From there, I researched other books that were about the same reading level, but were a subject matter that a 2nd-grade girl would be interested in. The trick I'm learning, from other moms of advanced readers, is that sometimes it's hard to match reading level with content appropriateness. We're not really there yet but that's something I want to be aware of-- so that I don't end up with her reading Flowers in the Attic in 5th grade like I did (seriously? That's supposed to be an appropriate kids' book??).

And I'm trying to steer her towards more classics than fluff (like those rainbow fairy books she always gravitates toward at the library-- those are off-limits for now, until she's ingested some of the good stuff).

great chapter books for grades 2-5

Here are the books I ended up setting up as valid for the challenge. I'm sure there are lots more great ones to add to this list (I'd love to hear 'em if you have 'em!).

I'm so proud of what she's already accomplished. The more I get to know how God made Gigi, the more I see that likes to rise to a challenge... and she also loves earning rewards.

How do you encourage summer reading? What books would you add to my list?

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On food, community, and kids

alice waters on education  

Sometimes raising a child can seem so complicated.

There are different styles, and priorities, and methods, and... sometimes it's nice to just stop and take a simpler look.

When we look at life skills we want our kids to learn by the time they leave the house, I think this quote by Alice Waters really sums things up pretty succinctly: “Teaching kids how to feed themselves and how to live in a community responsibly is the center of an education.”

Even Jesus lived out these two priorities; just look John 6: 1-15 when He feeds the five thousand. Feeding Himself (and His disciples) and serving (and feeding) the community are at the center of this story.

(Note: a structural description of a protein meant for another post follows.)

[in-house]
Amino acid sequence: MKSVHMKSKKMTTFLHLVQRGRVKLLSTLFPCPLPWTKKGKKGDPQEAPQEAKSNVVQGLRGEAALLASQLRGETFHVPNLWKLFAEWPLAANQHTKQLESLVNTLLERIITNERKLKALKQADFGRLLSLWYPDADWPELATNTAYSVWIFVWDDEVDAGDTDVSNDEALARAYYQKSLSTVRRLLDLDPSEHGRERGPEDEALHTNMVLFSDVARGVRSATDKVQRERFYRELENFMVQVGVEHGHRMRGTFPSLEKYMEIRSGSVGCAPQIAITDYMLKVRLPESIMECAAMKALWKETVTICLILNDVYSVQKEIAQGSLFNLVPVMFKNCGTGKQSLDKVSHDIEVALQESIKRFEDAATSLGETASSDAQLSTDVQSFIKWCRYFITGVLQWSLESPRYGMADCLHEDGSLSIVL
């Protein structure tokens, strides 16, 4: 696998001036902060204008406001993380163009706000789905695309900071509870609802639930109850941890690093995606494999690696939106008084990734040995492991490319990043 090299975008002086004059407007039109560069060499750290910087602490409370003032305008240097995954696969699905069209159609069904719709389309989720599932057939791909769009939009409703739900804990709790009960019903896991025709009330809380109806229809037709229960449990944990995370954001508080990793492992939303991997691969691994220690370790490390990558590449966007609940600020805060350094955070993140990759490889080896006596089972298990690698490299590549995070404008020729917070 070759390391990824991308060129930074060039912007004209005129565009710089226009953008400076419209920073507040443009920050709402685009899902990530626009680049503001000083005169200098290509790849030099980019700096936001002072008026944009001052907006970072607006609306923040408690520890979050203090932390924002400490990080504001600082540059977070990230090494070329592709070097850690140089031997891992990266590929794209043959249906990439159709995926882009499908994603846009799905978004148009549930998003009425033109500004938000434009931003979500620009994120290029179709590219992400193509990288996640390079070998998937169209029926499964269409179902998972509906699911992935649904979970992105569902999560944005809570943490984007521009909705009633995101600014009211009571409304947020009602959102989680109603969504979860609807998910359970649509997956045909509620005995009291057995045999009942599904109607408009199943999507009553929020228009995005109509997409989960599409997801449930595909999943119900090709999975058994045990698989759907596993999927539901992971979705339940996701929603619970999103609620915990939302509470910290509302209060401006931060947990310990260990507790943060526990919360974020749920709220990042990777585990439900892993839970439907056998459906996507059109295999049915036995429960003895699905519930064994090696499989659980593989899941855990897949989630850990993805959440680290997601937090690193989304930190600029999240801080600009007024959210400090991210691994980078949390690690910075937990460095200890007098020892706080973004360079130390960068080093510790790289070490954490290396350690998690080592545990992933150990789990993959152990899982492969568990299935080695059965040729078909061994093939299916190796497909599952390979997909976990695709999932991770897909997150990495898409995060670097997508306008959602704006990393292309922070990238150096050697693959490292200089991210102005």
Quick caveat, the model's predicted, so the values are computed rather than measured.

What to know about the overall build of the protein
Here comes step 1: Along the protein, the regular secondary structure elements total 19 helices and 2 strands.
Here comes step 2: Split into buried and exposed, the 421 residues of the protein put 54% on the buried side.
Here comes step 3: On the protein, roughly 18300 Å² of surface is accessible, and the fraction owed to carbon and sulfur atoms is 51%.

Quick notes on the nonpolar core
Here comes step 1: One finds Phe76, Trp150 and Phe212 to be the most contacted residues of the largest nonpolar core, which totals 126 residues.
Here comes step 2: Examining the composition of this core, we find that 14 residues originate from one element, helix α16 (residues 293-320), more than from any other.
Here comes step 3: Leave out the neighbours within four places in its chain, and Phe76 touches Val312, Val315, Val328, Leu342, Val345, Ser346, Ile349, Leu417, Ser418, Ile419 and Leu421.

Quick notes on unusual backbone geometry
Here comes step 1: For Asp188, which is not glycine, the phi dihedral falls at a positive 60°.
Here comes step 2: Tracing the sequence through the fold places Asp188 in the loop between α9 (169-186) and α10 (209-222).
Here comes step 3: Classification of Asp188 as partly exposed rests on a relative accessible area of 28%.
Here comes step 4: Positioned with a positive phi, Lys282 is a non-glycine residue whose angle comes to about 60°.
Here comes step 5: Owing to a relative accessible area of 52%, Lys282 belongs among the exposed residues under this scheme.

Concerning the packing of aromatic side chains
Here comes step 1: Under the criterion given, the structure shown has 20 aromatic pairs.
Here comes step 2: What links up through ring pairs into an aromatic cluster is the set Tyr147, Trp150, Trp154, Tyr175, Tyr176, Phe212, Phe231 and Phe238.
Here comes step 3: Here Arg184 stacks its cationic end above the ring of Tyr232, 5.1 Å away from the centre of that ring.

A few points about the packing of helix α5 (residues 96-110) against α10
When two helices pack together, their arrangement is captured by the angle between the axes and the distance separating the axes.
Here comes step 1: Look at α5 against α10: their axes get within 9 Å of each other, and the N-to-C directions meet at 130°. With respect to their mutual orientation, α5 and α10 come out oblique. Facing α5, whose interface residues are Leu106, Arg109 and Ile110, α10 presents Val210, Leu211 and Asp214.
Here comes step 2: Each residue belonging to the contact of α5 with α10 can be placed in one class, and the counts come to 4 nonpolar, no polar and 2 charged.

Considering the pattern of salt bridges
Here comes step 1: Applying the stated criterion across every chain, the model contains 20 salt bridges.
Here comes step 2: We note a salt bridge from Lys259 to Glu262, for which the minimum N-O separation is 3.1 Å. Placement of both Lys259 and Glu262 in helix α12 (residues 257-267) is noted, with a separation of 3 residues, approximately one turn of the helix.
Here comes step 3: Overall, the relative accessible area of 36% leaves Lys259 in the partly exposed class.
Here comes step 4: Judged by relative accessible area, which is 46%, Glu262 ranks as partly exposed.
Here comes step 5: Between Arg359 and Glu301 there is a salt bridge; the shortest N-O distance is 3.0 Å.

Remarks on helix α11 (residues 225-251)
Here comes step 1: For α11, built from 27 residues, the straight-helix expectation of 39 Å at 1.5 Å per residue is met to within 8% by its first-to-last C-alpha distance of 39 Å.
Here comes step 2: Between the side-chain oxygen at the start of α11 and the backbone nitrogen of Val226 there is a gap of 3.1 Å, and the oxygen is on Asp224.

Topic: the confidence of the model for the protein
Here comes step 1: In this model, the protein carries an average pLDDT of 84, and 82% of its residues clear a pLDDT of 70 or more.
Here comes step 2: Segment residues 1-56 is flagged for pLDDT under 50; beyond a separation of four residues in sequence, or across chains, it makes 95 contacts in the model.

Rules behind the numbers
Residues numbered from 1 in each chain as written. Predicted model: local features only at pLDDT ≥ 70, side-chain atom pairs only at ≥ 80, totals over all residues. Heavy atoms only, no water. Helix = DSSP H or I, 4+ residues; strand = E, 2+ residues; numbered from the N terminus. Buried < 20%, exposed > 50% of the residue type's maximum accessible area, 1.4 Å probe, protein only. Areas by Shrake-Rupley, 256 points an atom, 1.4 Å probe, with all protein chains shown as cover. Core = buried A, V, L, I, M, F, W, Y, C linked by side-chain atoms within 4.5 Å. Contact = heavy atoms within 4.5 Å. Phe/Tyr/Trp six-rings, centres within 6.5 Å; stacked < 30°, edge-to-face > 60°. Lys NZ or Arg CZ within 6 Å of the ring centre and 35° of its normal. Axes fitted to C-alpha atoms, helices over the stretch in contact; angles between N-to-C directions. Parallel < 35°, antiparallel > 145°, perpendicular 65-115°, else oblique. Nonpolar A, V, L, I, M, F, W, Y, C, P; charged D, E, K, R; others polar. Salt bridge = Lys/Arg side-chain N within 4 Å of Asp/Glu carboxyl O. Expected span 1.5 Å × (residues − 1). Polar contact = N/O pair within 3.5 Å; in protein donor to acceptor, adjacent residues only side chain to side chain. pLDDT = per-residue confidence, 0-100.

kids in the kitchen

If we can give our kids the skills to feed themselves, and instill in them a sense of community, then they will be generously equipped to serve and love others as they live out their lives. 

I have to remind myself of the value of these moments when I'm in the kitchen and my littlest one drags in a chair, as she always does. It's easy to get caught up in the tasks, and shoo her away, but then what am I teaching her?

Welcoming my kids into my cramped, cluttered kitchen so they can observe, learn and soak in the skills and the kitchen culture is one of the best ways I can prepare them for the rest of their lives.

And letting them help me feed others-- whether it's cookies for the local firefighters, a meal for a new mom, or friends joining us for dinner-- is one of our family's favorite way to live out this education.

What are ways that you teach your kids to be able to "feed themselves" and "live in a community responsibility?'"

Keeping creativity & learning fresh over the summer

keeping creativity and learning fresh

"Frequency makes starting easier. Getting started is always a challenge. It's hard to start a project from scratch, and it's also hard each time you re-enter a project after a break. By working every day, you keep your momentum going. You never have time to feel detached from the process." ~Gretchen Rubin


The essay by Gretchen Rubin in Manage Your Day-to-Day, Harnessing the Power of Frequency, was a little beacon of truth for me. In it, I was encouraged to really try to do something creative or writing-related every day to keep my momentum going.

I often come to place, after days off due to scheduling, getting sick, or traveling, where I feel so overwhelmed with the things I want to do, that I am paralyzed and unable to start. And this from someone who's naturally a good starter (and less of a finisher).

what I do every day matters more

I was sensing this about myself, and then upon reading Gretchen's essay, I was convinced. The wonderful thing about summer for me is that our laid-back days seem to provide me more time to work than I had during the school year. So I'm trying to be intentional about creating more than consuming (although I'm reading a ton, too, so maybe it's just less online consumption).

Here are the main ways frequency helps us, according to Gretchen Rubin:

  • keeps ideas fresh
  • keeps the pressure off
  • sparks creativity
  • nurtures frequency
  • fosters productivity
  • is a realistic approach

I can't recommend this book enough for practical ways to be more intentional with our creative work, and really, so many aspects of our lives... even educating our children!


gigi making fake money

I distinctly remember that when Gigi started first grade last year, she had definitely lost some of what she had learned in kindergarten, simply due to "summer atrophy."

So this year I determined that I wasn't going to let learning slide as much over our summer break. I knew if she did a little each day it also would make the transition into fall easier, too.

I've only had a school-age kid for two years now, so I'm new to all this, but it turns out this is a pretty common practice. My friend Tsh calls what they do over the summer "homeschool light," and I know my friend Jessica is "doing school" somewhat this summer, too.